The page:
Never Call Retreat Theodore Roosevelt and the Great War

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  • Format: Hardcover
  • Copyright: 2013-12-18
  • Publisher: Palgrave Macmillan

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The final years of Theodore Roosevelt's life have long been considered a dark, aberrant period in which a once-great statesman descended into contrarianism and ill health as his legacy was eclipsed by world events. This stirring narrative decisively puts the lie to such depictions of Roosevelt's twilight years, showing the characteristic dignity, intellectual brilliance, and youthful vigor with which he confronted both private hardships and the onset of the First World War.

It was a historical moment eerily reminiscent of our own: violence in the failed state of Mexico bleeding across the border, an insurgency brewing within the Republican party, and an eloquent and charismatic Democratic president facing a global conflict while bedeviled by constant and vitriolic partisan attacks. That president was Woodrow Wilson, and his committed adversary was Theodore Roosevelt, who would wage a personal and political battle against the administration until the day he died. This duel of American titans lies at the center of J. Lee Thompson's history, which is the first modern account of Roosevelt exclusively during the war years. This is a tale of politics and global conflict, but also a private story of true love and familial devotion: the love of Theodore and Edith Roosevelt and the deep bonds of affection they held for all their children—particularly sons Ted, Kermit, Archie, and Quentin, who all served bravely on the front. From public triumphs to personal tragedies, Thompson gives us a long-overdue look at the later life of one of American history's most indelible figures, as well as the inexorable process by which the US was drawn into the greatest war the world had yet seen.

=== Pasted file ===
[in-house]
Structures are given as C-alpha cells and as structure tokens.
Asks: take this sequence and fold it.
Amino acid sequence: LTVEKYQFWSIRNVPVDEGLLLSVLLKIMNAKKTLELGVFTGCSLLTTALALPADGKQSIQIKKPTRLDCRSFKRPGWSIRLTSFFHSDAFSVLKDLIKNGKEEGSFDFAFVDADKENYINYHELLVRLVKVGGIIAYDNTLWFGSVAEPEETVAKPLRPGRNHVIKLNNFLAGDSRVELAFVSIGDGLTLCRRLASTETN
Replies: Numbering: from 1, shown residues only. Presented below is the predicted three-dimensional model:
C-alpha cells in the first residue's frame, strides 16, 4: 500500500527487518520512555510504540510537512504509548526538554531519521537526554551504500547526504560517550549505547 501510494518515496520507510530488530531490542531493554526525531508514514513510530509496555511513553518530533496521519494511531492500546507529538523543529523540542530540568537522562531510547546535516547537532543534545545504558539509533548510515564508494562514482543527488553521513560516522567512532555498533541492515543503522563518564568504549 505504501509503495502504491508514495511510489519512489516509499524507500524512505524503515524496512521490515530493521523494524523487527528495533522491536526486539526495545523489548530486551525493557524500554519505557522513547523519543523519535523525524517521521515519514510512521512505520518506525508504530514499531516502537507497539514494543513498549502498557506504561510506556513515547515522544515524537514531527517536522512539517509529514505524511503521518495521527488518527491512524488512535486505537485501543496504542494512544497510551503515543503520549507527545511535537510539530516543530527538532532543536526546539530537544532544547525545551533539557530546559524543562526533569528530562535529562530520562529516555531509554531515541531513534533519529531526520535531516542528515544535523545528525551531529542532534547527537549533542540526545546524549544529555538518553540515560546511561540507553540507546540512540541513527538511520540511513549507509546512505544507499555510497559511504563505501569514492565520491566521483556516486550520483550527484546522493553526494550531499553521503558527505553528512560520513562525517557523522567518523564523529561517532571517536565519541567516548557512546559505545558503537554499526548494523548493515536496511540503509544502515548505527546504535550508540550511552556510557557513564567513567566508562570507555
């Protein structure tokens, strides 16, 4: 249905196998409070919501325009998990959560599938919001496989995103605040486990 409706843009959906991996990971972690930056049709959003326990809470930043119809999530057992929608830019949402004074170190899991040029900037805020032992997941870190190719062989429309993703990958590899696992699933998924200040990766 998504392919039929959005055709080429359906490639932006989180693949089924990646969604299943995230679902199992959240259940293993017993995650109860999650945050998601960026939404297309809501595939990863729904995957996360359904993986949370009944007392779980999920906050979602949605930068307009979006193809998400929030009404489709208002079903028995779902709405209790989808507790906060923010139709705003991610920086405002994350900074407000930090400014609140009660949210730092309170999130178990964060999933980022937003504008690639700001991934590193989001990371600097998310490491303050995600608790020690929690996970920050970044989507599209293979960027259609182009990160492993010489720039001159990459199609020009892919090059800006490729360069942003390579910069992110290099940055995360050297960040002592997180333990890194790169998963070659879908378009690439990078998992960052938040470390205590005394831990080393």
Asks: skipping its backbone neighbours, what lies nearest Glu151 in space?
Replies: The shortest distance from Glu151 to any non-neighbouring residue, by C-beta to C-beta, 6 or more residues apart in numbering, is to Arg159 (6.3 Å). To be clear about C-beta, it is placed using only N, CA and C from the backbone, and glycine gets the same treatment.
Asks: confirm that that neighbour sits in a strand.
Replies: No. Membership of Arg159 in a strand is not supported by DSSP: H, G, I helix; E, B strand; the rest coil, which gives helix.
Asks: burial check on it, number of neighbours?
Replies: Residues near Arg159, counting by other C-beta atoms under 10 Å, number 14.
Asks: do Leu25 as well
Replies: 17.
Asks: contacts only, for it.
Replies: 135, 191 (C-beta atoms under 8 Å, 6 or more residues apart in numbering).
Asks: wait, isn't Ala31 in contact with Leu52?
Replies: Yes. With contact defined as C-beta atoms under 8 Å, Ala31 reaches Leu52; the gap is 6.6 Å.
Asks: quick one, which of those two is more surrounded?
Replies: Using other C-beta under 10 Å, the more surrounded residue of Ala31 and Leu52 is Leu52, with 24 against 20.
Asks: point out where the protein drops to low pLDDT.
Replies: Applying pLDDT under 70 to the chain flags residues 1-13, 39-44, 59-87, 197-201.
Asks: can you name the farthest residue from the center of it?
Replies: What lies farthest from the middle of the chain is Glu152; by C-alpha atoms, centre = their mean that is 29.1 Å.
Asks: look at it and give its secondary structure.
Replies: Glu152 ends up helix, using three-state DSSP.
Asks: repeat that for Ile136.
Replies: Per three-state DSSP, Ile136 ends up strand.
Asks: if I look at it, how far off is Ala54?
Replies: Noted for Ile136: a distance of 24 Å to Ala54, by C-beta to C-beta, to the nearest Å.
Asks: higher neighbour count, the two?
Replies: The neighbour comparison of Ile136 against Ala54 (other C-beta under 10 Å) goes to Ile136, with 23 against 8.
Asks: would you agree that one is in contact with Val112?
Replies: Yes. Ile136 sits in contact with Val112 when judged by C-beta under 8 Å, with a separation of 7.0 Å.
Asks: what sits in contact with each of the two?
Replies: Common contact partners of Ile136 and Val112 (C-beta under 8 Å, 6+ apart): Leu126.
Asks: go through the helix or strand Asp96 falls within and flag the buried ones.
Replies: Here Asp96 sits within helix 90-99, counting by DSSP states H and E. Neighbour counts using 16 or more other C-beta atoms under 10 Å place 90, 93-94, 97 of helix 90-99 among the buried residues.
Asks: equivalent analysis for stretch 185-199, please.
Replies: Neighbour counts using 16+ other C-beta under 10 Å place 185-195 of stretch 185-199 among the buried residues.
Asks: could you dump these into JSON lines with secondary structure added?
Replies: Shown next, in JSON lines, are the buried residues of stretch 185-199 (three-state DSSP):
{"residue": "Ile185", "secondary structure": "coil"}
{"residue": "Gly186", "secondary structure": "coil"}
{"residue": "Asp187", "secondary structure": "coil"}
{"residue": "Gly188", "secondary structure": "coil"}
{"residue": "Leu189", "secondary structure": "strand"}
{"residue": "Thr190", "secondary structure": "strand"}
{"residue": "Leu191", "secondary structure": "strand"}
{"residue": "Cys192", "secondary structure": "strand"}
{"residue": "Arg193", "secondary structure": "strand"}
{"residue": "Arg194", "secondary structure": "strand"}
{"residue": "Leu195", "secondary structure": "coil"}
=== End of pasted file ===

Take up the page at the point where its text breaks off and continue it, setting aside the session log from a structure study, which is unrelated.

Author Biography

J. Lee Thompson is a fellow of the Royal Historical Society and a Professor of History at Lamar University, USA. His previous books include Theodore Roosevelt Abroad and A Wider Patriotism: Alfred Milner and the British Empire. His work has been featured on C-SPAN and other venues, and he is a former visiting Fellow at Cambridge University.

Table of Contents

Prologue: Peace Emissary, Spring 1910

1. A Great Tragedy Impends: June to August 1914

2. A Great Black Tornado: August to November 1914

3. To Serve Righteousness: November 1914 to April 1915

4. A Course of National Infamy: May to August 1915

5. Not in Heroic Mood: March to June 1916

6. A Shadow Dance of Words: July to November 1916

7. The Curse of Meroz: December 1916 to April 1917

8. A Slacker in Spite of Himself: April to July 1917

9. Children of the Crucible: August to December 1917

10. The People's War: January-March 1918

11. A Noble Life Gloriously Ended: July-August 1918

12. Peace with Victory: August to November 1918

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